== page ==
Opening in a courtroom, where a Revolutionary is charged with treason in 1950 for his involvement in an armed revolt, Inquilab Ke Baad goes back to 1931 when Mohit Mitra, the Revolutionary hero, had been involved in yet another adventure, an armed, underground insurrection against the British rules in the town of Bhagwangunj. The 1931 flashback beings with a bank raid by the nationalist revolutionaries, followed by a meeting of the revolutionaries in an abandoned warehouse on the river side. Bijoy Ghoshal, representing the the non-violent line in the movement, disapproves of their violent tactics. Left together at the end of the meeting, Shubra and Mohit confess their love for each other, but resolve to remain wedded to the cause of the revolution.
The packet-steamer KARATOA bathed on the river shows a family trying to live a life sheltered from the tensions raging through the country. Satya Mitra, Mohit’s father is a tally-clerk in the ship carrying British cloth from port to port, loyal to the crown, he does not know of his son’s involvement in the movement. Savitri, his wife, is in the confidence of her son. Madhu, Satya’s brother, is a parasite, slightly ridiculous, and a compulsive chess – player. The two little daughters go to the town to school and bring back details of police terror on the non-violent protesters.
Meanwhile, Mohit and Kamelesh charge a police company with bombs to save Bijoy Ghoshal, from being arrested and leave two Sergeants dead. The revolutionaries carry the wounded Bijoy away and seek shelter in the ship. The father now knows for the first time what his son has been involved in. The loyal tally-clerk gives in, only after some initial resistance. The wounded Bijoy is carried down to the middle hold of the ship where he is nursed by Savitri and Millie, her elder daughter. Satya is now part of the operation to carry Bijoy to safety. He seeks and gets permission to set sail, while in the town itself the police follow the trail of a pullover abandoned at the site of the Bank robbery. The pullover is traced to Shubra who had knitted it for Mohit. Shubra is taken away for interrogation from the classroom where she was teaching History.
A doctor is smuggled into the ship to examine Bijoy, and the launch sets off with the frightened doctor in it. An inquisitive informer who boards the launch before it sets off is strangled to death and unceremoniously dropped into the river. But another visitor to the launch manages to slip off in time with useful information for the police. Manningham acts on Kamakaya Banerjee’s clue, catches up with the steamer in mid-river, and in his search for incriminating evidence, he almost comes to the truth before being fooled by Satya, the father with a lie. The interrogation of Shubra is a battle of nerves in which Shubra never breaks down. But the doctor, who comes with the police, shows the currency notes he has received for his professional services on the launch and their numbers tally with those stolen from the bank. The search for the fugitives is over. They must be on the ship itself.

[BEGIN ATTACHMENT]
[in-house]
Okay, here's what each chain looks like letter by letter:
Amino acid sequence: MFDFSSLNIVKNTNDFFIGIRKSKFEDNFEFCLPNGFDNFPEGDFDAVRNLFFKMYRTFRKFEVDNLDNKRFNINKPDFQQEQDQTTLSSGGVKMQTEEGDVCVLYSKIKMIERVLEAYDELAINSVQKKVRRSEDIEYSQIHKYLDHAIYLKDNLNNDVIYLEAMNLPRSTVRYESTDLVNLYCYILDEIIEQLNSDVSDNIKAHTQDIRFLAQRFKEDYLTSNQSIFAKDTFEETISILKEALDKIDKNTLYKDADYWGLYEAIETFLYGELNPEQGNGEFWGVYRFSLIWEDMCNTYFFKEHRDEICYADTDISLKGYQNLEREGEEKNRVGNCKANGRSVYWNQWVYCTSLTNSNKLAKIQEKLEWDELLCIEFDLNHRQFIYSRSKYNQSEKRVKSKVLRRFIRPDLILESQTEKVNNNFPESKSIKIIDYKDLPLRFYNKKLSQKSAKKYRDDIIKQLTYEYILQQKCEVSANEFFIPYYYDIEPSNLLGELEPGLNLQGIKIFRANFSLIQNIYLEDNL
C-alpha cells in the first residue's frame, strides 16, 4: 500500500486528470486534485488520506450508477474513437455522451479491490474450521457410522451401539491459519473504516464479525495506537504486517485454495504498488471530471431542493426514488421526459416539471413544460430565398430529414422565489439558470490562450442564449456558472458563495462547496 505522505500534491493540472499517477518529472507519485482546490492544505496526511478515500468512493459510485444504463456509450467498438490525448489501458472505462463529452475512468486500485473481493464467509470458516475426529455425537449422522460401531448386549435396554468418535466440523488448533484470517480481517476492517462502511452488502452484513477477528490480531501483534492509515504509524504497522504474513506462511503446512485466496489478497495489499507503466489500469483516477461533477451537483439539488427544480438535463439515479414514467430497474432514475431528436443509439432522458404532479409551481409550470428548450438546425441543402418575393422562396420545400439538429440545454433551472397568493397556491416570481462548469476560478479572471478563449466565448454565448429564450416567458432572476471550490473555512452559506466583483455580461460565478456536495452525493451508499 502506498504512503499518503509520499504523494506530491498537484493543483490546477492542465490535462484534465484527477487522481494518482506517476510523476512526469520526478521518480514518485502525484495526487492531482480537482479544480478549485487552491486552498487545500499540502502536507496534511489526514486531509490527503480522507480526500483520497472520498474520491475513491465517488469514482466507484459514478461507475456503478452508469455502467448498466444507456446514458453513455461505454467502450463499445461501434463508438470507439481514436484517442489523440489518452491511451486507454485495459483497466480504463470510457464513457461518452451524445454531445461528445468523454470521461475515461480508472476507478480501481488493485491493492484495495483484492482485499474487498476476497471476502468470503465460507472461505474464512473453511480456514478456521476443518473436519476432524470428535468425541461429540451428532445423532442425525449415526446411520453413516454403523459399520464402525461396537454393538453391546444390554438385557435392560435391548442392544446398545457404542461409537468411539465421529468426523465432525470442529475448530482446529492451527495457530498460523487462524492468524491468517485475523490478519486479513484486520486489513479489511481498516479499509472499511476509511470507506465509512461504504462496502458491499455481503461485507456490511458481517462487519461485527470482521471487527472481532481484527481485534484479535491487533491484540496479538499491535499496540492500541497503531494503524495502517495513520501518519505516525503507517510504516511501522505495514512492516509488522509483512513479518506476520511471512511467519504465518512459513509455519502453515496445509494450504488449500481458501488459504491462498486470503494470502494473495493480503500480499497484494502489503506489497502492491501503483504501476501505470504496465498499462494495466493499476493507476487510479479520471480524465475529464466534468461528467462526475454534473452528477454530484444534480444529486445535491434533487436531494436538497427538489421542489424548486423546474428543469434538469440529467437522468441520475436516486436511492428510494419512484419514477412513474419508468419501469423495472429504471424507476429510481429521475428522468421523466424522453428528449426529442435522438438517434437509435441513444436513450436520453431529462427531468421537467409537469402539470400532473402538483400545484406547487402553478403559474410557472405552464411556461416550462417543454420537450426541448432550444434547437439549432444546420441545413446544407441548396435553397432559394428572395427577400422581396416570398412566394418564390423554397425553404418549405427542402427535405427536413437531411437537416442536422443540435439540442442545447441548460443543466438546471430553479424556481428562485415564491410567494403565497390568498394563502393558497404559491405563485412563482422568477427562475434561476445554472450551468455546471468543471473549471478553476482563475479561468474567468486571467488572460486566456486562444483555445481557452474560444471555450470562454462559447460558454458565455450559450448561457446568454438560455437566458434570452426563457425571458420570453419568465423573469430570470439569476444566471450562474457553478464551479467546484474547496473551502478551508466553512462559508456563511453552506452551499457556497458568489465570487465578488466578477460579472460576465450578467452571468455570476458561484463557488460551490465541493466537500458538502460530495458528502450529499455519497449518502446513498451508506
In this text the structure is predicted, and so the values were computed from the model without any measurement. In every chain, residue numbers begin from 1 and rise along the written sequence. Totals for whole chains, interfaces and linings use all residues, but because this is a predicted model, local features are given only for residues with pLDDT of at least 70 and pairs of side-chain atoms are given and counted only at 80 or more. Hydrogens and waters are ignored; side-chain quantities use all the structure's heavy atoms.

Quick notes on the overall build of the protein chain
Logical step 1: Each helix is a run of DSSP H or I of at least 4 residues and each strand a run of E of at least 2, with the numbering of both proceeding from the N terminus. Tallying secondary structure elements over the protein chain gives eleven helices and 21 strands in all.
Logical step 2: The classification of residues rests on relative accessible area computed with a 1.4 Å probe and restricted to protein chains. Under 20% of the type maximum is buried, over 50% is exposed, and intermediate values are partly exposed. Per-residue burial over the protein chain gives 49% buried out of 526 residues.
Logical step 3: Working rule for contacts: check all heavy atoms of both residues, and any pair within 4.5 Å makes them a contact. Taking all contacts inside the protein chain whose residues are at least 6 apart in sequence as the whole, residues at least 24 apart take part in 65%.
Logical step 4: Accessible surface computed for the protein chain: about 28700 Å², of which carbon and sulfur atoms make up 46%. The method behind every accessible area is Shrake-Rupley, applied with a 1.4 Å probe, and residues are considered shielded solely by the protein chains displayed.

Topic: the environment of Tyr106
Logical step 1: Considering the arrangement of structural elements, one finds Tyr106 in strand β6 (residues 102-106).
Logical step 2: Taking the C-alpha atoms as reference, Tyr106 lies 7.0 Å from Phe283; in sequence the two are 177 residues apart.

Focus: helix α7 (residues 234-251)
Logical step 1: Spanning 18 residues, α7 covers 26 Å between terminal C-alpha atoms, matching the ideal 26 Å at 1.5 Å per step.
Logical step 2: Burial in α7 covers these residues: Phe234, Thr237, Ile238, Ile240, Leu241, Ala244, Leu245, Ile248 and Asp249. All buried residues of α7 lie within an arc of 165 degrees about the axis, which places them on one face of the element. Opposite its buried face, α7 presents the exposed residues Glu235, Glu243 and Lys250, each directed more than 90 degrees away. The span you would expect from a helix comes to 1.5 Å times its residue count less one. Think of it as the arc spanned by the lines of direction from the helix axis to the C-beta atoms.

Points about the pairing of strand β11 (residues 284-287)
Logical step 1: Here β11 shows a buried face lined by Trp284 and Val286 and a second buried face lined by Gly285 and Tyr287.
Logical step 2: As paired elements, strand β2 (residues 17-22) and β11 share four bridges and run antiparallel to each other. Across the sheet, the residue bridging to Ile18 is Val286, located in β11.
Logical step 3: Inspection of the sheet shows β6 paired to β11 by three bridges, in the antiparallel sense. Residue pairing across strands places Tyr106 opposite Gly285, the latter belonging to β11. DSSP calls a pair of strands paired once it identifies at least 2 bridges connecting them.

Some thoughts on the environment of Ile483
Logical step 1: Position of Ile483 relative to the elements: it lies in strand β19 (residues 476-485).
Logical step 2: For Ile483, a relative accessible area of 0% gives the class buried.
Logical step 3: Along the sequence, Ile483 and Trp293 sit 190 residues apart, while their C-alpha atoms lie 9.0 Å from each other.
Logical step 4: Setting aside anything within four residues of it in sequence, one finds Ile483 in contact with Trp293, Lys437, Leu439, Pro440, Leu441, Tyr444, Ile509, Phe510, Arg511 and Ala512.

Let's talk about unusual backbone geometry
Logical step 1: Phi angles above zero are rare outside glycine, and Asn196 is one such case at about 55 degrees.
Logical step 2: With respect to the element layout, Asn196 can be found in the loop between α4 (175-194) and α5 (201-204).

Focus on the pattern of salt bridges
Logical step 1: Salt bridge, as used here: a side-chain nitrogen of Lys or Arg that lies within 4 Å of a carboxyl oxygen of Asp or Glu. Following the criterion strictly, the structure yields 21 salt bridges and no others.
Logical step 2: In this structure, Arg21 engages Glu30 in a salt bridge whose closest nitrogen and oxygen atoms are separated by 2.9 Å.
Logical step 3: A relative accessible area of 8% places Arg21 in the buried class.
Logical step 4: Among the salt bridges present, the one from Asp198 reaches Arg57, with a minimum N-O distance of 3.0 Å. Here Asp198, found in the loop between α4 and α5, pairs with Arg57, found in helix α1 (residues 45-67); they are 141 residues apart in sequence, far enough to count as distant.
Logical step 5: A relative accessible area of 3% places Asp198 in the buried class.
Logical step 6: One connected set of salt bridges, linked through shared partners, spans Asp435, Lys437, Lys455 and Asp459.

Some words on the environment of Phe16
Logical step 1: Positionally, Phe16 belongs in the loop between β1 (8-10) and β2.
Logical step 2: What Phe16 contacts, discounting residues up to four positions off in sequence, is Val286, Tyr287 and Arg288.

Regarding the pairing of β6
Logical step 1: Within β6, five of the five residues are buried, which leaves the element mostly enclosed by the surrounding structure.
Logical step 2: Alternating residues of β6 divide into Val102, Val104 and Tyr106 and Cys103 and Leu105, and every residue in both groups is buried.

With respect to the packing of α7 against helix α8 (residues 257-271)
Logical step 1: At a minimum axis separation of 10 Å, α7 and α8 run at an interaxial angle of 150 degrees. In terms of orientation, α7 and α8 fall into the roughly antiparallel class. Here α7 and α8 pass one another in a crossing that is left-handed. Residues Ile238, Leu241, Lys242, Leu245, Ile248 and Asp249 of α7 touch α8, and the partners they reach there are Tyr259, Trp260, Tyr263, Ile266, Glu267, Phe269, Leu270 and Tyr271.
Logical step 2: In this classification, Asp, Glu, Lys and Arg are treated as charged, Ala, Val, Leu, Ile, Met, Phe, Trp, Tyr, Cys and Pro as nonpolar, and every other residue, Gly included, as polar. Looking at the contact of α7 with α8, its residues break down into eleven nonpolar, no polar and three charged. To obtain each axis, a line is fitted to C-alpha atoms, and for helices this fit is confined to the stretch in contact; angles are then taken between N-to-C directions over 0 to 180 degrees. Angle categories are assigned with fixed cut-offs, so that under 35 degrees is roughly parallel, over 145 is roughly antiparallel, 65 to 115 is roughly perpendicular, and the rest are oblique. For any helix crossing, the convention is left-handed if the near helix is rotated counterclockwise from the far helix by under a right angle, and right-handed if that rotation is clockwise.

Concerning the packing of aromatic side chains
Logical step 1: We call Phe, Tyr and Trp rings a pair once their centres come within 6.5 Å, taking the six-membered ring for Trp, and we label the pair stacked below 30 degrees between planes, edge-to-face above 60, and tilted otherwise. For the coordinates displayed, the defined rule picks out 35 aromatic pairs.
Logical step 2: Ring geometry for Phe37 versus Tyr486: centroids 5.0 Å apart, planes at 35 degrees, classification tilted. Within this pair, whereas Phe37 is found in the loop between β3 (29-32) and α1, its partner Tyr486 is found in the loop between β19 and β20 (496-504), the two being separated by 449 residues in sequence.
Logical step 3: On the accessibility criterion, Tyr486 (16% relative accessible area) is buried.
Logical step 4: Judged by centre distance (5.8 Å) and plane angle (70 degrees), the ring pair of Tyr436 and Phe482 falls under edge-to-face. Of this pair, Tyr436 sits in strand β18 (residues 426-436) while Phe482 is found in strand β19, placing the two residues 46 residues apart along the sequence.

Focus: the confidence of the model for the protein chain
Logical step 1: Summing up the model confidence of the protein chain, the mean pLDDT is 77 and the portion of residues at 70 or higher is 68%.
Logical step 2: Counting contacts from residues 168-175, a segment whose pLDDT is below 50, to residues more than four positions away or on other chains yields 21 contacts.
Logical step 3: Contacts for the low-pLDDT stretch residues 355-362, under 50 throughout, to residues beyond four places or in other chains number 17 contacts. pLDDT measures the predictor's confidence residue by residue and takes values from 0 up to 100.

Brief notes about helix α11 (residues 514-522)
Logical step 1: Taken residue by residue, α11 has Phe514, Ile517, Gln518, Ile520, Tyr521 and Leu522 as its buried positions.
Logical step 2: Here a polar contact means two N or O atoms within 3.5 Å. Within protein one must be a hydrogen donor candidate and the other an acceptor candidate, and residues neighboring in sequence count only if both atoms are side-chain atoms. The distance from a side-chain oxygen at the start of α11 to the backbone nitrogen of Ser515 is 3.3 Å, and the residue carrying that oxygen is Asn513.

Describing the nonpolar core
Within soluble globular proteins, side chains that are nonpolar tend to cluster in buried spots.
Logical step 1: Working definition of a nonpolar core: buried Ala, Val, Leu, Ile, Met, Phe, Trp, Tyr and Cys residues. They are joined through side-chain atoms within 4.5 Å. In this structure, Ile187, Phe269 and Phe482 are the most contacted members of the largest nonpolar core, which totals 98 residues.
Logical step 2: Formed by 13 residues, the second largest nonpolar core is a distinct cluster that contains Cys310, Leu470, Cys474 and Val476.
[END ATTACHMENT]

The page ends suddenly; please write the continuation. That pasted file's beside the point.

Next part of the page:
The chase begins. But before the ship can be tracked down, Bijoy is put ashore with the money. The family stands solidly behind Mohit and Kamalesh, and resist the attack from the speedboat with their weapons, only to be riddled with gunshots. Mohit is the only survivor at the close of the gun battle. The British soldiers rush into an orgy of tyranny to celebrate the capture of Mohit Mitra. Even as Shubra enjoys a respite and left alone for the first time, allows herself to break down and weeps, a, Junior Officer brings her a packet sent by a pupil of hers. The packet contains revolver. The junior officer knows it and whispers to her, “What makes you think you alone love your country?” When Manningham returns gloating over their victory, a shot from Shubra’s revolver cuts him short.
In the trial that follows Mohit is transported for life, and Shubra sentenced to death. With her heroic last minutes on the screen, the film flashes forward to another trail, where Bijoy Ghoshal denounces Mohit as a traitor, and Mohit extorts with a reminder of how his family and the crew of the ship had laid down their lives, how Shubra had suffered and how Mohit had endured the long imprisonment, only to save Bijoy who now stood exposed. Mohit is sentence to another twenty years in prison in a country which he had helped to become free.
[from the official press booklet]